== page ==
As if this wasn’t bad enough he let himself into my room once…he called hello a few times then popped his key in the lock and turned the handle of my bedroom door. Was pure scary.

But because housing was short and I didn’t want to lug all my belongings across the city I put up with it for 9 months and then moved into a double room in the same apartment after my housemates got fed up with it.

This time the rent was €680 per 4 weeks – I might also add that the landlord didn’t inspect the room after the old tenants left, just asked them to hand in the keys.

That was grand as I was sharing with my boyfriend and the rent was split until the new academic year was to start and he told us he would HAVE to, almost as if he was obliged to, raise the rent to €750.

At this point I went to Threshold who I described my situation to and they told me that because I moved rooms, technically I was a tenant for less than 3 months, despite actually being there almost a year and that the landlord had found a loophole to increase the rent despite what little protection tenants actually have.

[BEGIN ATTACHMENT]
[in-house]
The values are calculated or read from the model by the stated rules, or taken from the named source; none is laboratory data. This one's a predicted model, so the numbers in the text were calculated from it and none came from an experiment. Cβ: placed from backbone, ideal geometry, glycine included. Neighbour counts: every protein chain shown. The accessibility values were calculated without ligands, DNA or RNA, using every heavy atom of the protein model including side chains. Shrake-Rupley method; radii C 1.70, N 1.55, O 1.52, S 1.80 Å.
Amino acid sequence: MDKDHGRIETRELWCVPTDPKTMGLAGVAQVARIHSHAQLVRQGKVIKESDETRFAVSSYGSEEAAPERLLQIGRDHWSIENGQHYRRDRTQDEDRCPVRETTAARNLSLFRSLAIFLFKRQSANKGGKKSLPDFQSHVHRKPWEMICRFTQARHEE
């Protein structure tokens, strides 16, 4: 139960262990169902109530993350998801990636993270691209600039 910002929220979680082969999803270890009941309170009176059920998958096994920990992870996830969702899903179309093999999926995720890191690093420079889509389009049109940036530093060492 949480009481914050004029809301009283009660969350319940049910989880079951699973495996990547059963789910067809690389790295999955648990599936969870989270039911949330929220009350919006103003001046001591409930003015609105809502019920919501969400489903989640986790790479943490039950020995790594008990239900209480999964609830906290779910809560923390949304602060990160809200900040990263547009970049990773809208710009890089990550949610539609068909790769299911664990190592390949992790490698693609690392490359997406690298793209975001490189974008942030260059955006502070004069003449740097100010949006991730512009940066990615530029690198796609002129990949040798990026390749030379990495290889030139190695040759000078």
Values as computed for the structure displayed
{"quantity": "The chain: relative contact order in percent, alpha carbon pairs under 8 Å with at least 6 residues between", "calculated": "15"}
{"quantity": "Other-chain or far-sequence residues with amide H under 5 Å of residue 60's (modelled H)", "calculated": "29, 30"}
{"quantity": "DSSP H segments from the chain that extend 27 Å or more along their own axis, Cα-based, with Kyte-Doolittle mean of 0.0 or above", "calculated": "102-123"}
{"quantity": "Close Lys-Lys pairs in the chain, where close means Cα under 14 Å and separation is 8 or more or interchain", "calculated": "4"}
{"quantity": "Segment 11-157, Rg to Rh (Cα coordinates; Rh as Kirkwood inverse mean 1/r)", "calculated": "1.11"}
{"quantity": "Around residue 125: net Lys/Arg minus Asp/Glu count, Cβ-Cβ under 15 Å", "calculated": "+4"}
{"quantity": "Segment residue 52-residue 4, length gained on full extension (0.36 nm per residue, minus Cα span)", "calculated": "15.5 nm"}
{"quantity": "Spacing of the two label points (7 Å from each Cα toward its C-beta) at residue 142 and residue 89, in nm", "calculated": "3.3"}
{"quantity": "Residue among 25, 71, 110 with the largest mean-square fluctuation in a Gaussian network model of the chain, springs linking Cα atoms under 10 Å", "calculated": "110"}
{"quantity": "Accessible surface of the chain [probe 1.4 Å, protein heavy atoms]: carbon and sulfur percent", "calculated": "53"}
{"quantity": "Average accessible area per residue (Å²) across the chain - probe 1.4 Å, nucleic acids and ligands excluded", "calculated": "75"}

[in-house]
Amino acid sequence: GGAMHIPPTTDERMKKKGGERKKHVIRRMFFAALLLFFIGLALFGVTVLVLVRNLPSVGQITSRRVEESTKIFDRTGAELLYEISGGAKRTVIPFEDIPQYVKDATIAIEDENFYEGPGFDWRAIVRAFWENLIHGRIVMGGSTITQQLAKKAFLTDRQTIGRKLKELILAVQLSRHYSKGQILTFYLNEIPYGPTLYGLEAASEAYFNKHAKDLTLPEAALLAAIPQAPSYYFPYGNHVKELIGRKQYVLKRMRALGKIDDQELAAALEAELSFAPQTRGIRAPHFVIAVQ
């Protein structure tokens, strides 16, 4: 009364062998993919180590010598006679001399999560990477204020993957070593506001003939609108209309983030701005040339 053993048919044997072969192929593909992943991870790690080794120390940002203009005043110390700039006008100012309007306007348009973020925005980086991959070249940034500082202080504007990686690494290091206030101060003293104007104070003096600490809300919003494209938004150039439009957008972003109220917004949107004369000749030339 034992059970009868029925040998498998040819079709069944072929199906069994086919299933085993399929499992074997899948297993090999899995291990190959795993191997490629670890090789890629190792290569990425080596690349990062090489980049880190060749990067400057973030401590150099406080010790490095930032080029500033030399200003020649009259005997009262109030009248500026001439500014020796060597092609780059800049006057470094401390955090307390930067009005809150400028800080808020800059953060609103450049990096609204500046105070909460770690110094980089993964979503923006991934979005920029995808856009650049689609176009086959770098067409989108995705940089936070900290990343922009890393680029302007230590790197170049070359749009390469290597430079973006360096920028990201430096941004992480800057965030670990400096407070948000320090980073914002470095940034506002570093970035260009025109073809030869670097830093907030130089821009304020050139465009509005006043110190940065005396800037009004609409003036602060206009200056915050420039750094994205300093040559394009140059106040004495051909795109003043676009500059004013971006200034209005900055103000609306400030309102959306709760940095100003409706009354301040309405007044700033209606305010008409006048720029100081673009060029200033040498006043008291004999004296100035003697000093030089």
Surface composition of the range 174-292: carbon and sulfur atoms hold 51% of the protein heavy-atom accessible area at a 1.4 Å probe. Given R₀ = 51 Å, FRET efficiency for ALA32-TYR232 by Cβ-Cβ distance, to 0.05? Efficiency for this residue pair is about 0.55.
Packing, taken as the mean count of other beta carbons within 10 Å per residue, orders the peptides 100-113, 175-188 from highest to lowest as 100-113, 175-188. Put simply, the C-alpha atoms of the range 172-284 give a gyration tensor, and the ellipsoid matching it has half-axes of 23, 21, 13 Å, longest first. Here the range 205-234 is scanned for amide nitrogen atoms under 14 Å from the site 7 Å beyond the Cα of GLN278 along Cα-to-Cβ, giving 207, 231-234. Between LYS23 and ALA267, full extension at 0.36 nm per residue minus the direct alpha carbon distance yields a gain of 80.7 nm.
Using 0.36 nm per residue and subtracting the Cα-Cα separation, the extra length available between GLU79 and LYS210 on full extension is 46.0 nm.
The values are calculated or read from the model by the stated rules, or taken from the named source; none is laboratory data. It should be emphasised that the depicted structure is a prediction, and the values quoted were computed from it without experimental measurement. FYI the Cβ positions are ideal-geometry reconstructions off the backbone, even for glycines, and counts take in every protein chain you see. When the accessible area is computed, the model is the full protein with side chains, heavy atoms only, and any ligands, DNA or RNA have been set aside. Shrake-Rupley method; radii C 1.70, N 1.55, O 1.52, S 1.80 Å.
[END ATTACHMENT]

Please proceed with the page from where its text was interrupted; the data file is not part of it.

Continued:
Not to mention that the previous tenant had cracked the toilet seat and he took €50 out of our deposit, if I knew he would do that I would’ve fixed it myself and saved myself €35.

Cassiopeia, Salthill

In short, the apartment I moved into – where 2 foreign girls were sharing a double room – did not meet minimum requirements.

We had a lot of damp, mould and mildew, slugs getting in, rotten skirting boards, woodlice, and a washing machine that shot old dirty water into the sink in the kitchenette.